ABSTRACT: PURPOSE: Adjuvant chemotherapy improves patient survival rates after resection for pancreatic adenocarcinoma, but the optimal duration and time to initiate chemotherapy is unknown. PATIENTS AND METHODS: Patients with pancreatic ductal adenocarcinoma treated within the international, phase III, European Study Group for Pancreatic Cancer-3 (version 2) study were included if they had been randomly assigned to chemotherapy. Overall survival analysis was performed on an intention-to-treat basis, retaining patients in their randomized groups, and adjusting the overall treatment effect by known prognostic variables as well as the start time of chemotherapy. RESULTS: There were 985 patients, of whom 486 (49%) received gemcitabine and 499 (51%) received fluorouracil; 675 patients (68%) completed all six cycles of chemotherapy (full course) and 293 patients (30%) completed one to five cycles. Lymph node involvement, resection margins status, tumor differentiation, and completion of therapy were all shown by multivariable Cox regression to be independent survival factors. Overall survival favored patients who completed the full six courses of treatment versus those who did not (hazard ratio [HR], 0.516; 95% CI, 0.443 to 0.601; P < .001). Time to starting chemotherapy did not influence overall survival rates for the full study population (HR, 0.985; 95% CI, 0.956 to 1.015). Chemotherapy start time was an important survival factor only for the subgroup of patients who did not complete therapy, in favor of later treatment (P < .001). CONCLUSION: Completion of all six cycles of planned adjuvant chemotherapy rather than early initiation was an independent prognostic factor after resection for pancreatic adenocarcinoma. There seems to be no difference in outcome if chemotherapy is delayed up to 12 weeks, thus allowing adequate time for postoperative recovery.

13 Clinical Trial Adjuvant chemotherapy with fluorouracil plus folinic acid vs gemcitabine following pancreatic cancer resection: a randomized controlled trial. 2010

Neoptolemos, John P / Stocken, Deborah D / Bassi, Claudio / Ghaneh, Paula / Cunningham, David / Goldstein, David / Padbury, Robert / Moore, Malcolm J / Gallinger, Steven / Mariette, Christophe / Wente, Moritz N / Izbicki, Jakob R / Friess, Helmut / Lerch, Markus M / Dervenis, Christos / Oláh, Attila / Butturini, Giovanni / Doi, Ryuichiro / Lind, Pehr A / Smith, David / Valle, Juan W / Palmer, Daniel H / Buckels, John A / Thompson, Joyce / McKay, Colin J / Rawcliffe, Charlotte L / Büchler, Markus W / Anonymous10060671. ·Liverpool Cancer Research UK Cancer Trials Unit, Cancer Research UK Centre, University of Liverpool, Fifth Floor, UCD Bldg, Daulby Street, Liverpool, L69 3GA, United Kingdom. j.p.neoptolemos@liverpool.ac.uk ·JAMA · Pubmed #20823433.

ABSTRACT: CONTEXT: Adjuvant fluorouracil has been shown to be of benefit for patients with resected pancreatic cancer. Gemcitabine is known to be the most effective agent in advanced disease as well as an effective agent in patients with resected pancreatic cancer. OBJECTIVE: To determine whether fluorouracil or gemcitabine is superior in terms of overall survival as adjuvant treatment following resection of pancreatic cancer. DESIGN, SETTING, AND PATIENTS: The European Study Group for Pancreatic Cancer (ESPAC)-3 trial, an open-label, phase 3, randomized controlled trial conducted in 159 pancreatic cancer centers in Europe, Australasia, Japan, and Canada. Included in ESPAC-3 version 2 were 1088 patients with pancreatic ductal adenocarcinoma who had undergone cancer resection; patients were randomized between July 2000 and January 2007 and underwent at least 2 years of follow-up. INTERVENTIONS: Patients received either fluorouracil plus folinic acid (folinic acid, 20 mg/m(2), intravenous bolus injection, followed by fluorouracil, 425 mg/m(2) intravenous bolus injection given 1-5 days every 28 days) (n = 551) or gemcitabine (1000 mg/m(2) intravenous infusion once a week for 3 of every 4 weeks) (n = 537) for 6 months. MAIN OUTCOME MEASURES: Primary outcome measure was overall survival; secondary measures were toxicity, progression-free survival, and quality of life. RESULTS: Final analysis was carried out on an intention-to-treat basis after a median of 34.2 (interquartile range, 27.1-43.4) months' follow-up after 753 deaths (69%). Median survival was 23.0 (95% confidence interval [CI], 21.1-25.0) months for patients treated with fluorouracil plus folinic acid and 23.6 (95% CI, 21.4-26.4) months for those treated with gemcitabine (chi(1)(2) = 0.7; P = .39; hazard ratio, 0.94 [95% CI, 0.81-1.08]). Seventy-seven patients (14%) receiving fluorouracil plus folinic acid had 97 treatment-related serious adverse events, compared with 40 patients (7.5%) receiving gemcitabine, who had 52 events (P < .001). There were no significant differences in either progression-free survival or global quality-of-life scores between the treatment groups. CONCLUSION: Compared with the use of fluorouracil plus folinic acid, gemcitabine did not result in improved overall survival in patients with completely resected pancreatic cancer. TRIAL REGISTRATION: clinicaltrials.gov Identifier: NCT00058201.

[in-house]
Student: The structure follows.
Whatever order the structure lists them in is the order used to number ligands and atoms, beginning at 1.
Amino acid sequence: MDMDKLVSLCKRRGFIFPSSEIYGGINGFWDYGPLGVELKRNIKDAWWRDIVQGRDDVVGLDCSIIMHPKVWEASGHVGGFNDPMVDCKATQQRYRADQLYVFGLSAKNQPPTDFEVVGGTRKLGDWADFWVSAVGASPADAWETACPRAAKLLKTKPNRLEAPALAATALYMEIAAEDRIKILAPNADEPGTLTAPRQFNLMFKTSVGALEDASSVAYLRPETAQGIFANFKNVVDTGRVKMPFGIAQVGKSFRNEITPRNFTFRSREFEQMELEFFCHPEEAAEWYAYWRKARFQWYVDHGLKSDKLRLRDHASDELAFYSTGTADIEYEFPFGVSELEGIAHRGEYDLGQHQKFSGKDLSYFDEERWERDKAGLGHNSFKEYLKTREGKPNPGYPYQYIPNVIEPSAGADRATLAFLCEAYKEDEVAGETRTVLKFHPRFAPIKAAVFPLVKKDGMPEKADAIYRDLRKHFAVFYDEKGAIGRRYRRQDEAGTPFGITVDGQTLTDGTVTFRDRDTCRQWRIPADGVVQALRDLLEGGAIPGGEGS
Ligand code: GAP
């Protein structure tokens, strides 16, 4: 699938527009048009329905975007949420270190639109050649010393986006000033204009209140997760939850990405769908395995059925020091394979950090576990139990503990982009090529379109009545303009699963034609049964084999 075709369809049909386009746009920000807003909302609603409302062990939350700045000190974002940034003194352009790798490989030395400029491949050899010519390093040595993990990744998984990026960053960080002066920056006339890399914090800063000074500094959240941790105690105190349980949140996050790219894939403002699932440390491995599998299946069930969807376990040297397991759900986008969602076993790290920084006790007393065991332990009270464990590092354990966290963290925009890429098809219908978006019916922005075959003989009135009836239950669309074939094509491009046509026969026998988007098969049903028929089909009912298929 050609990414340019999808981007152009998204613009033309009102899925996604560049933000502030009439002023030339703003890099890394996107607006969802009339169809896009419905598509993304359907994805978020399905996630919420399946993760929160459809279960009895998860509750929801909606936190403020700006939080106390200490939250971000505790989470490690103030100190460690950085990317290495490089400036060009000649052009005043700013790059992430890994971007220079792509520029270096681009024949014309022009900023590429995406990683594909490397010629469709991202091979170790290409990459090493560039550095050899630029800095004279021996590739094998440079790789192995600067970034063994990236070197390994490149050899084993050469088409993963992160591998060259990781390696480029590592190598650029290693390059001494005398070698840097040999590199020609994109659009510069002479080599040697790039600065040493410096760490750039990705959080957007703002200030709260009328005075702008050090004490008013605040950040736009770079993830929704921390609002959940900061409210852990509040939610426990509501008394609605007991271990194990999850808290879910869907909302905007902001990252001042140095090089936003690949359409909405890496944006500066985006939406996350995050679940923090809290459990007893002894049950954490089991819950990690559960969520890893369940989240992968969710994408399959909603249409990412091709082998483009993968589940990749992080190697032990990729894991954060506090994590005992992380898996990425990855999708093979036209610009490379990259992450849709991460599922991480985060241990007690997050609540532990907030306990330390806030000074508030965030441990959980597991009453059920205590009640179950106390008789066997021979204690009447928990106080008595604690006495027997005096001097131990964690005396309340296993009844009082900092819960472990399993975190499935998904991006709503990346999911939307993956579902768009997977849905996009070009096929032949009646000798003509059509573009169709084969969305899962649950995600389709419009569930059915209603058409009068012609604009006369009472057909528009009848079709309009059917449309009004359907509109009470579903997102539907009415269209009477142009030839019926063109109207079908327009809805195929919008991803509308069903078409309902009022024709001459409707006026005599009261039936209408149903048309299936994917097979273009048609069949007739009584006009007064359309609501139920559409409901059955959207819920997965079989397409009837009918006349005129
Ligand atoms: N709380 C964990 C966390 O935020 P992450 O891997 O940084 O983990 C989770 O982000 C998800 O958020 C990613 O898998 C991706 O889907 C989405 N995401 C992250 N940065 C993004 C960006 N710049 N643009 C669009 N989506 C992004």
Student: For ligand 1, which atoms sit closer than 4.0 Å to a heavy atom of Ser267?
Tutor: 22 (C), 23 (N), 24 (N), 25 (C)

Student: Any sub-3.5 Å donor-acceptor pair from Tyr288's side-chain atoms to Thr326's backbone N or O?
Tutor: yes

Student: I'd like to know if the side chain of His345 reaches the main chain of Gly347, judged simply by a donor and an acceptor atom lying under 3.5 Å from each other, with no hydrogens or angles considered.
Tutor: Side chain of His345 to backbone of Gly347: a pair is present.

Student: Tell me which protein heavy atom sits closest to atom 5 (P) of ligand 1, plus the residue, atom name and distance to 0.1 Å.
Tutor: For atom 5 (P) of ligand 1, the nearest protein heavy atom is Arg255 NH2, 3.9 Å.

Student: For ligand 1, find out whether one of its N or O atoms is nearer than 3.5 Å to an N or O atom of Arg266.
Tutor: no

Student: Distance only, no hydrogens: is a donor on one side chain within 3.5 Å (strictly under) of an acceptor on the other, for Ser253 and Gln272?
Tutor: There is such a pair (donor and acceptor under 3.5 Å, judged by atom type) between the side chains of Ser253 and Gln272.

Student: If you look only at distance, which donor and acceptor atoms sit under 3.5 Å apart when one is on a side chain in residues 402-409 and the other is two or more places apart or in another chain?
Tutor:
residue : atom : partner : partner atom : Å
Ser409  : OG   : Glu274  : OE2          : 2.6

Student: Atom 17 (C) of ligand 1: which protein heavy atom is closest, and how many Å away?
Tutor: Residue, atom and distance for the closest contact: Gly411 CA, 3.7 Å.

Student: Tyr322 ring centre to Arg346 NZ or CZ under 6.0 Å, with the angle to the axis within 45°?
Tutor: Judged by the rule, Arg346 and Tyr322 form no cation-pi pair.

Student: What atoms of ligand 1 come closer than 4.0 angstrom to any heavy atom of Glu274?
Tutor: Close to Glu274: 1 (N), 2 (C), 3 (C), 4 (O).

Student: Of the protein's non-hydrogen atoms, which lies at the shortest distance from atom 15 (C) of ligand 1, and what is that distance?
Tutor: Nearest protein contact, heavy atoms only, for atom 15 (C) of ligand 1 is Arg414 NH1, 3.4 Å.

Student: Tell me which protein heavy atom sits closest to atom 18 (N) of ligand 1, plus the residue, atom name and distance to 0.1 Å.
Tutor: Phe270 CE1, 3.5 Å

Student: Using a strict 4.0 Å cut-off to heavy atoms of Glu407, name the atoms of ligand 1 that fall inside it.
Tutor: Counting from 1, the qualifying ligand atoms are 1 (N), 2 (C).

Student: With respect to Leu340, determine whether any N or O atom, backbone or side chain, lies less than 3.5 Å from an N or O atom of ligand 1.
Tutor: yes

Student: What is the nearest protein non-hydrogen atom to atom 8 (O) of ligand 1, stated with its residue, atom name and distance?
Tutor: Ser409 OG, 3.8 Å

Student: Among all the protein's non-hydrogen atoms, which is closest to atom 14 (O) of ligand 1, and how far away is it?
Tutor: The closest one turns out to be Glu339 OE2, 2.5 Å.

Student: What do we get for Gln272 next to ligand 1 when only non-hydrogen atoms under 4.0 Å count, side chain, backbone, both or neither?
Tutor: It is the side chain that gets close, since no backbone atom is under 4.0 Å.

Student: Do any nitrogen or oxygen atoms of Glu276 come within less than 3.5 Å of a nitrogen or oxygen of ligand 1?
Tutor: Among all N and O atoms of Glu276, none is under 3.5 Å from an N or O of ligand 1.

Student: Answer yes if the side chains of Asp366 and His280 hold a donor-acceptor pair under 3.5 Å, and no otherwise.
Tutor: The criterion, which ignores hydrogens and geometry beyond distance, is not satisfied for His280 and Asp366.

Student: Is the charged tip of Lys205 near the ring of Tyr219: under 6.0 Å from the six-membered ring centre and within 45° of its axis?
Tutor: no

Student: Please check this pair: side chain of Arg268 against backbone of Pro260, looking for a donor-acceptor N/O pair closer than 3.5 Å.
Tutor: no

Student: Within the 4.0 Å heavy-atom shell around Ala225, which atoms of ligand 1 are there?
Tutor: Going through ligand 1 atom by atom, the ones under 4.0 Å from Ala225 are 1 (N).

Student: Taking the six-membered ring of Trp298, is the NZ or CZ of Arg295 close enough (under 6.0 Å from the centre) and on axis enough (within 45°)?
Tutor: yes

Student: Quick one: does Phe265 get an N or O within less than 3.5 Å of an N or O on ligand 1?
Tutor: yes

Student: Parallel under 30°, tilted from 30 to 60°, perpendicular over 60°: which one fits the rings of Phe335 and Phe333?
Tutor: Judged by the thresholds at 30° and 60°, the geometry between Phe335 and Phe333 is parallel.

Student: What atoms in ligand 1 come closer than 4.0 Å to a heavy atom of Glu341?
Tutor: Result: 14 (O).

14 Article Residual pancreatic function after pancreaticoduodenectomy is better preserved with pancreaticojejunostomy than pancreaticogastrostomy: A long-term analysis. 2019

Benini, Luigi / Gabbrielli, Armando / Cristofori, Chiara / Amodio, Antonio / Butturini, Giovanni / Cardobi, Nicolò / Sozzi, Carlo / Frulloni, Luca / Mucelli, Roberto Pozzi / Crinò, Stefano / Bassi, Claudio / Marchegiani, Giovanni / Andrianello, Stefano / Malleo, Giuseppe / Salvia, Roberto. ·Gastroenterology B, Department of Medicine, The Pancreas Institute, University of Verona Hospital Trust, Verona, Italy. · General and Pancreatic Surgery, The Pancreas Institute, University of Verona Hospital Trust, Verona, Italy. · Radiology, Department of Diagnosis and of Pathology, The Pancreas Institute, University of Verona Hospital Trust, Verona, Italy. · General and Pancreatic Surgery, The Pancreas Institute, University of Verona Hospital Trust, Verona, Italy. Electronic address: claudio.bassi@univr.it. ·Pancreatology · Pubmed #31005377.